We also developed systems on the front end to make sure that our customers could easily order our equipment. Those systems in turn are then integrated down into the Flextronics systems. So we get the information from Flextronics' systems, but our customer gets status out of our Oracle-based systems and the custom solution we put on the front end.

In terms of systems, I would like to give a plug to Agile, which is our product data management software and is absolutely crucial. I can't emphasize that enough. Having the Agile system internally and at Flextronics as well, allows me to link our systems together. This enables our engineers to be able to control the vendor list as well as all of the costing. We can change things online and send that information to Flextronics anywhere in the world and they can immediately implement the change in their Agile system, so these links are very important.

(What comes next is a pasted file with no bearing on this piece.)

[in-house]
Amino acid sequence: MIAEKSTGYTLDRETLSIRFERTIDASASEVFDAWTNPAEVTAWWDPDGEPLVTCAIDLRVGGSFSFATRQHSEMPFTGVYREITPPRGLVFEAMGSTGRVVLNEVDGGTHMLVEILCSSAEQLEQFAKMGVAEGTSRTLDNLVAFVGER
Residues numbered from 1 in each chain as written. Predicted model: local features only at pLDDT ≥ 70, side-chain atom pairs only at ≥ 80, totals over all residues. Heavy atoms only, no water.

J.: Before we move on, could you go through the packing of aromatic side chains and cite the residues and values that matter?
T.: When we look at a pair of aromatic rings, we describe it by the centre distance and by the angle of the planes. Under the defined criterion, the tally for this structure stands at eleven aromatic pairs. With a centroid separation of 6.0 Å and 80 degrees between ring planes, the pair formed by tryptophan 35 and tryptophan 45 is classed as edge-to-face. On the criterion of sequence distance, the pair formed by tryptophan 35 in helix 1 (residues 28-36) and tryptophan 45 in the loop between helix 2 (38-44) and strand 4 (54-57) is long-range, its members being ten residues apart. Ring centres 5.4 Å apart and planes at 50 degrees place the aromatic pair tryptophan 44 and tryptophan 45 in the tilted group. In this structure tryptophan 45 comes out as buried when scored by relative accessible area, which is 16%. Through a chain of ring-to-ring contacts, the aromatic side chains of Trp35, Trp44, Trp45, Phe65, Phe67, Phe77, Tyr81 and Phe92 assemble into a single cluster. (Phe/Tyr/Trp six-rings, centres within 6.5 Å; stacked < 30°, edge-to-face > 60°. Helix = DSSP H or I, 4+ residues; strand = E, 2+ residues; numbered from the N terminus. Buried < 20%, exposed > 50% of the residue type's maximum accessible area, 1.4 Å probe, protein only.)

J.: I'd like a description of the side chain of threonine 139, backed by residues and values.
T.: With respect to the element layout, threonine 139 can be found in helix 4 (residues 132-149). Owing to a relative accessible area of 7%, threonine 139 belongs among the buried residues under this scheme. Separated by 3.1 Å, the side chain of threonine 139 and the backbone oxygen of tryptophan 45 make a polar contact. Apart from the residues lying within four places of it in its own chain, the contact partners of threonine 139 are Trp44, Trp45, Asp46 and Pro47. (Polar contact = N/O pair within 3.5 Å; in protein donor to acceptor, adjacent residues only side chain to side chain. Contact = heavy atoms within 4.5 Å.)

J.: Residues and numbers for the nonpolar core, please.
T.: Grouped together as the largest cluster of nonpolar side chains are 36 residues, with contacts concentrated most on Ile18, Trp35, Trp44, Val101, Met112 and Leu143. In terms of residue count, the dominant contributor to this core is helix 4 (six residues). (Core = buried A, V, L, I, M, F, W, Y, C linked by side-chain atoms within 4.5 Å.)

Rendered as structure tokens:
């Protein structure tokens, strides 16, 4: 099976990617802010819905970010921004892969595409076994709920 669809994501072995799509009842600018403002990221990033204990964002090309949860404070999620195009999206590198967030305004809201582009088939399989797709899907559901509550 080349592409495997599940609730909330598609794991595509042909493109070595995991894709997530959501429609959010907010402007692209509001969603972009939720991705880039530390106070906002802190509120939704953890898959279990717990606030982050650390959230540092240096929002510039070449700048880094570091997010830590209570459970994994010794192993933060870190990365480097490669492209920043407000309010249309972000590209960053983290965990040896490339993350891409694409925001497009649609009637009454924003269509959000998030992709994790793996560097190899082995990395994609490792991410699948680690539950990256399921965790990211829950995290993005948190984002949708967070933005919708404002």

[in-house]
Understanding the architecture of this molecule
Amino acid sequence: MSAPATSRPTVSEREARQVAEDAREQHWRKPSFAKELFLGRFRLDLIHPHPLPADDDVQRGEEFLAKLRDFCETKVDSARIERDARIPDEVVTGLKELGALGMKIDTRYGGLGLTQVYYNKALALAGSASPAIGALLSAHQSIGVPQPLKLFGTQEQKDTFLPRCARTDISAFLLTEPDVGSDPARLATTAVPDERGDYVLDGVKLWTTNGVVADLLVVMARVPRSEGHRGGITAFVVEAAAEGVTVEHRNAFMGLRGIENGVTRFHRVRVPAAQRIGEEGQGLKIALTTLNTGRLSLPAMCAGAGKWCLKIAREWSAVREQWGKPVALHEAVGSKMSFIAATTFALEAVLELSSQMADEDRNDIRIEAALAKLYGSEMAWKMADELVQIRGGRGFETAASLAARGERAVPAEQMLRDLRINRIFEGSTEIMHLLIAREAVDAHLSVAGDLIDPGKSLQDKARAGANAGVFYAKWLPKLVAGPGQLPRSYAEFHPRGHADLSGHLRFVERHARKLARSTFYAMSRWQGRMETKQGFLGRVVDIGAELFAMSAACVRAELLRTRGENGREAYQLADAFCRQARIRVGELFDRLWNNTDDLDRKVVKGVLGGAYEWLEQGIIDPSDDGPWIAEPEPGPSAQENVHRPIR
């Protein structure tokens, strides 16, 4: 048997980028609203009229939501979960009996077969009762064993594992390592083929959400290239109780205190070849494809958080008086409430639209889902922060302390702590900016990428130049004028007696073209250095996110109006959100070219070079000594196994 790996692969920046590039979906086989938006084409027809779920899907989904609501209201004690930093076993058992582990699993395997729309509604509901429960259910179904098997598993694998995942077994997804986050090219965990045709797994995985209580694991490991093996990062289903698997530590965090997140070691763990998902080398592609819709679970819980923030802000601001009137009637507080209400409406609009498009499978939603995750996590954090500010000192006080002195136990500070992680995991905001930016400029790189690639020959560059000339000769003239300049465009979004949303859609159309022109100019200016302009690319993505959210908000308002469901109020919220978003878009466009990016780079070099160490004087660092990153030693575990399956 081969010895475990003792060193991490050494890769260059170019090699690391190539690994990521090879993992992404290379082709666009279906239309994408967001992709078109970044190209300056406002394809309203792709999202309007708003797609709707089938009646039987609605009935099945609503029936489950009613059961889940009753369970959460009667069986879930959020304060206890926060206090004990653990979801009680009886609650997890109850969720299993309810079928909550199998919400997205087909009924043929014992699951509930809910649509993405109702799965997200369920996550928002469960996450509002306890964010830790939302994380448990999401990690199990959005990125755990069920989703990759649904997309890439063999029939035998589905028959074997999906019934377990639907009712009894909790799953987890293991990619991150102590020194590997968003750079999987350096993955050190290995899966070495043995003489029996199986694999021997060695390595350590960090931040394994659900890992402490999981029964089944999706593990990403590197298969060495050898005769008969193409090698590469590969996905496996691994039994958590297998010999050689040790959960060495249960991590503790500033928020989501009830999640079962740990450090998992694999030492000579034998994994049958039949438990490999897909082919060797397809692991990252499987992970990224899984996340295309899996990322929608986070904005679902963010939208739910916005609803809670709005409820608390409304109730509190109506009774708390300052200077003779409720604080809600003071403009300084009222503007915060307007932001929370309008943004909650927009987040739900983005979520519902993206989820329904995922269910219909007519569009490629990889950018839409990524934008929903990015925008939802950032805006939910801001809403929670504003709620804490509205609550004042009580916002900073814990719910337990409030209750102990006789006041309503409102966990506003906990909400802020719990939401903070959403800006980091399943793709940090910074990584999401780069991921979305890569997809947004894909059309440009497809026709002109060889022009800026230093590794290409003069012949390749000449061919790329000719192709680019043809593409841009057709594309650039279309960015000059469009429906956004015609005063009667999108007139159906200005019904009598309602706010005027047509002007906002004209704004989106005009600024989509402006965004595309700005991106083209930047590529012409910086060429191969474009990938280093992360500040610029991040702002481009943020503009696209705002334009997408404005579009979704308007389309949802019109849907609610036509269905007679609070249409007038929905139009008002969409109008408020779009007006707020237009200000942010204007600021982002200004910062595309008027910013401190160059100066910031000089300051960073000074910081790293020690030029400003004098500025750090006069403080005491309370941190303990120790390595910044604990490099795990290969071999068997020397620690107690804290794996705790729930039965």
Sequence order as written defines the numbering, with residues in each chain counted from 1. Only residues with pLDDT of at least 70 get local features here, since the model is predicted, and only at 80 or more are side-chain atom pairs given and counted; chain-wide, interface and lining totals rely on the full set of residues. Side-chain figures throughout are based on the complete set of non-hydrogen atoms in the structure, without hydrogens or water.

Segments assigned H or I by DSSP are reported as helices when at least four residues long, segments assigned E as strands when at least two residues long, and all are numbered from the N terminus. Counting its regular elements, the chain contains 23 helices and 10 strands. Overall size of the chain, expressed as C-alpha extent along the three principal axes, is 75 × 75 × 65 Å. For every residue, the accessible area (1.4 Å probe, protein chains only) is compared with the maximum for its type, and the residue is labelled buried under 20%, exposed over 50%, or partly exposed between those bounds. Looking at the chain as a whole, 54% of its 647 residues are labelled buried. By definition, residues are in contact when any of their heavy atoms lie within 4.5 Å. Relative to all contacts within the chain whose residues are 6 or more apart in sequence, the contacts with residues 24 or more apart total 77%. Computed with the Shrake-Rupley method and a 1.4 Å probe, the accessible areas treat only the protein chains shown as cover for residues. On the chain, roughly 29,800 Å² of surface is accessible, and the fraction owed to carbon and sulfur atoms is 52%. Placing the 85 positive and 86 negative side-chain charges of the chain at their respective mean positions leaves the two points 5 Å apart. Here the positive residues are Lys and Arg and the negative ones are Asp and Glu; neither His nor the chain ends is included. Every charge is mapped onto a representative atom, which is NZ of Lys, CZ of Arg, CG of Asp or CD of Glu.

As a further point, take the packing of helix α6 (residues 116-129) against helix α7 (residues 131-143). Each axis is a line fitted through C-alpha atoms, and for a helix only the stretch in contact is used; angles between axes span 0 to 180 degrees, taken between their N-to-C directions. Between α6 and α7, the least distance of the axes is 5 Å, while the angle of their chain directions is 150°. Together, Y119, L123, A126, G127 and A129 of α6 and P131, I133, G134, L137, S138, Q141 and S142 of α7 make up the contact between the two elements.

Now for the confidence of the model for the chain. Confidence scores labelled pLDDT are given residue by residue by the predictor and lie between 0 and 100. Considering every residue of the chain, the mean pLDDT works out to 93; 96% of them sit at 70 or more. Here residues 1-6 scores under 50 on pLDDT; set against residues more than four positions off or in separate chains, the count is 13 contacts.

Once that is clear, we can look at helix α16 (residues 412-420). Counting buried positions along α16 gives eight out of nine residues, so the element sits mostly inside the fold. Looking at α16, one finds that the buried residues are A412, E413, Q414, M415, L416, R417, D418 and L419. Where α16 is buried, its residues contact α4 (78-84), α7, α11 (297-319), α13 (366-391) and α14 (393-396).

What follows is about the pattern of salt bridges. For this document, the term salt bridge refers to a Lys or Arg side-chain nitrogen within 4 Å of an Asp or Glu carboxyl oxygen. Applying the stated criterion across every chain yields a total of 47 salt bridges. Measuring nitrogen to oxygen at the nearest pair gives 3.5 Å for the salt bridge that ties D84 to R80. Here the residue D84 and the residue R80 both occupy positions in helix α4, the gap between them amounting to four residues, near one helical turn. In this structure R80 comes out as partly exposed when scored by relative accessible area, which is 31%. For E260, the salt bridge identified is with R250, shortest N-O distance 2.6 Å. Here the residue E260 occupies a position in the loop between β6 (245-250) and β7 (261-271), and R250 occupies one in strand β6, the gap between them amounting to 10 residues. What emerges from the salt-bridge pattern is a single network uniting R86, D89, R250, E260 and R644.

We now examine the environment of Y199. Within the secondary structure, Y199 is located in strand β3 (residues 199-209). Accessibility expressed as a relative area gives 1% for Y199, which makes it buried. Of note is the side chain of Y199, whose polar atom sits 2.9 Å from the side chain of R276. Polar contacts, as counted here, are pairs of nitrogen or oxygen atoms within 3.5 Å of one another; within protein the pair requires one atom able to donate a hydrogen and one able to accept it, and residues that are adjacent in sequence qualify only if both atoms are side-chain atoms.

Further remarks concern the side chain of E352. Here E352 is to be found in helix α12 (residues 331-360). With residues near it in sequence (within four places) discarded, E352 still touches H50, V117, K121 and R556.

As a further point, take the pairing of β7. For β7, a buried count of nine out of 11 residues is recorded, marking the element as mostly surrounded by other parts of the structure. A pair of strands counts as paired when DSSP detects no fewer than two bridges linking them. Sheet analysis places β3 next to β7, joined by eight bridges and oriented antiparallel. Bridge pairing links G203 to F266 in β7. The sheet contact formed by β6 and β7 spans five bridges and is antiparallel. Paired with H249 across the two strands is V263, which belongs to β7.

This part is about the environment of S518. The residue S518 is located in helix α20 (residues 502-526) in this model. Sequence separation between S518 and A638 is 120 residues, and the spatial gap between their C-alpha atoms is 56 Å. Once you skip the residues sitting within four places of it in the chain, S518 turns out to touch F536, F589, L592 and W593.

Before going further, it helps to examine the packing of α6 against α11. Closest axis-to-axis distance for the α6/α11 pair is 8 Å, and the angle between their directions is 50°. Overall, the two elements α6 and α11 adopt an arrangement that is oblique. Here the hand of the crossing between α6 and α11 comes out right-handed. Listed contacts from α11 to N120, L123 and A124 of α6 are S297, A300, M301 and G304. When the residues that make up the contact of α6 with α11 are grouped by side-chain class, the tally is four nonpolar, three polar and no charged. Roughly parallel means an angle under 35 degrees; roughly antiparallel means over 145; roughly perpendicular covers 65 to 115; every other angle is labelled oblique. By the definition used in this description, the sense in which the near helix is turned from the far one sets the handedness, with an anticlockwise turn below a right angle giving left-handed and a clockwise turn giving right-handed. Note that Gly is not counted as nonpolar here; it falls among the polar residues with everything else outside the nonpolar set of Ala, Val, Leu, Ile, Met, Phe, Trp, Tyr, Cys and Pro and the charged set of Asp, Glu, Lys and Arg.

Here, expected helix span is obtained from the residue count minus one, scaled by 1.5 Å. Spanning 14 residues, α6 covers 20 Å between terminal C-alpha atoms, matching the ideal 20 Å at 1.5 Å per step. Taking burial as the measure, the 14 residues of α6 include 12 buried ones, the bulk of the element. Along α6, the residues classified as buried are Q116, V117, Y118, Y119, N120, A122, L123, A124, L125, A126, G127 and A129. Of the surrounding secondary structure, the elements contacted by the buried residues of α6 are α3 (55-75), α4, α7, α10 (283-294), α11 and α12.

Q: Is yours a highly configured product?

Weingarth: Yes, we have a number of SKUs that customers can order and they are highly configurable-that's one of the advantages of our products. But this is very easy from the customer's perspective because of the way we designed the product. In other words, any interface card can fit into any slot, so the customer just has to figure out what interfaces they are going to order and we put that into the configurator and it blows down into an order. That order then is transmitted down into the Flextronics system.

To elaborate on that, the products we sell are referred to as platform or system products and that means it is a system into which you can put line cards. For example, the Calix C7 is a signal product and there are some 80 different line cards that it can be populated with, so with 80 line cards and 20 slots you can see that there are many possible permutations and combinations.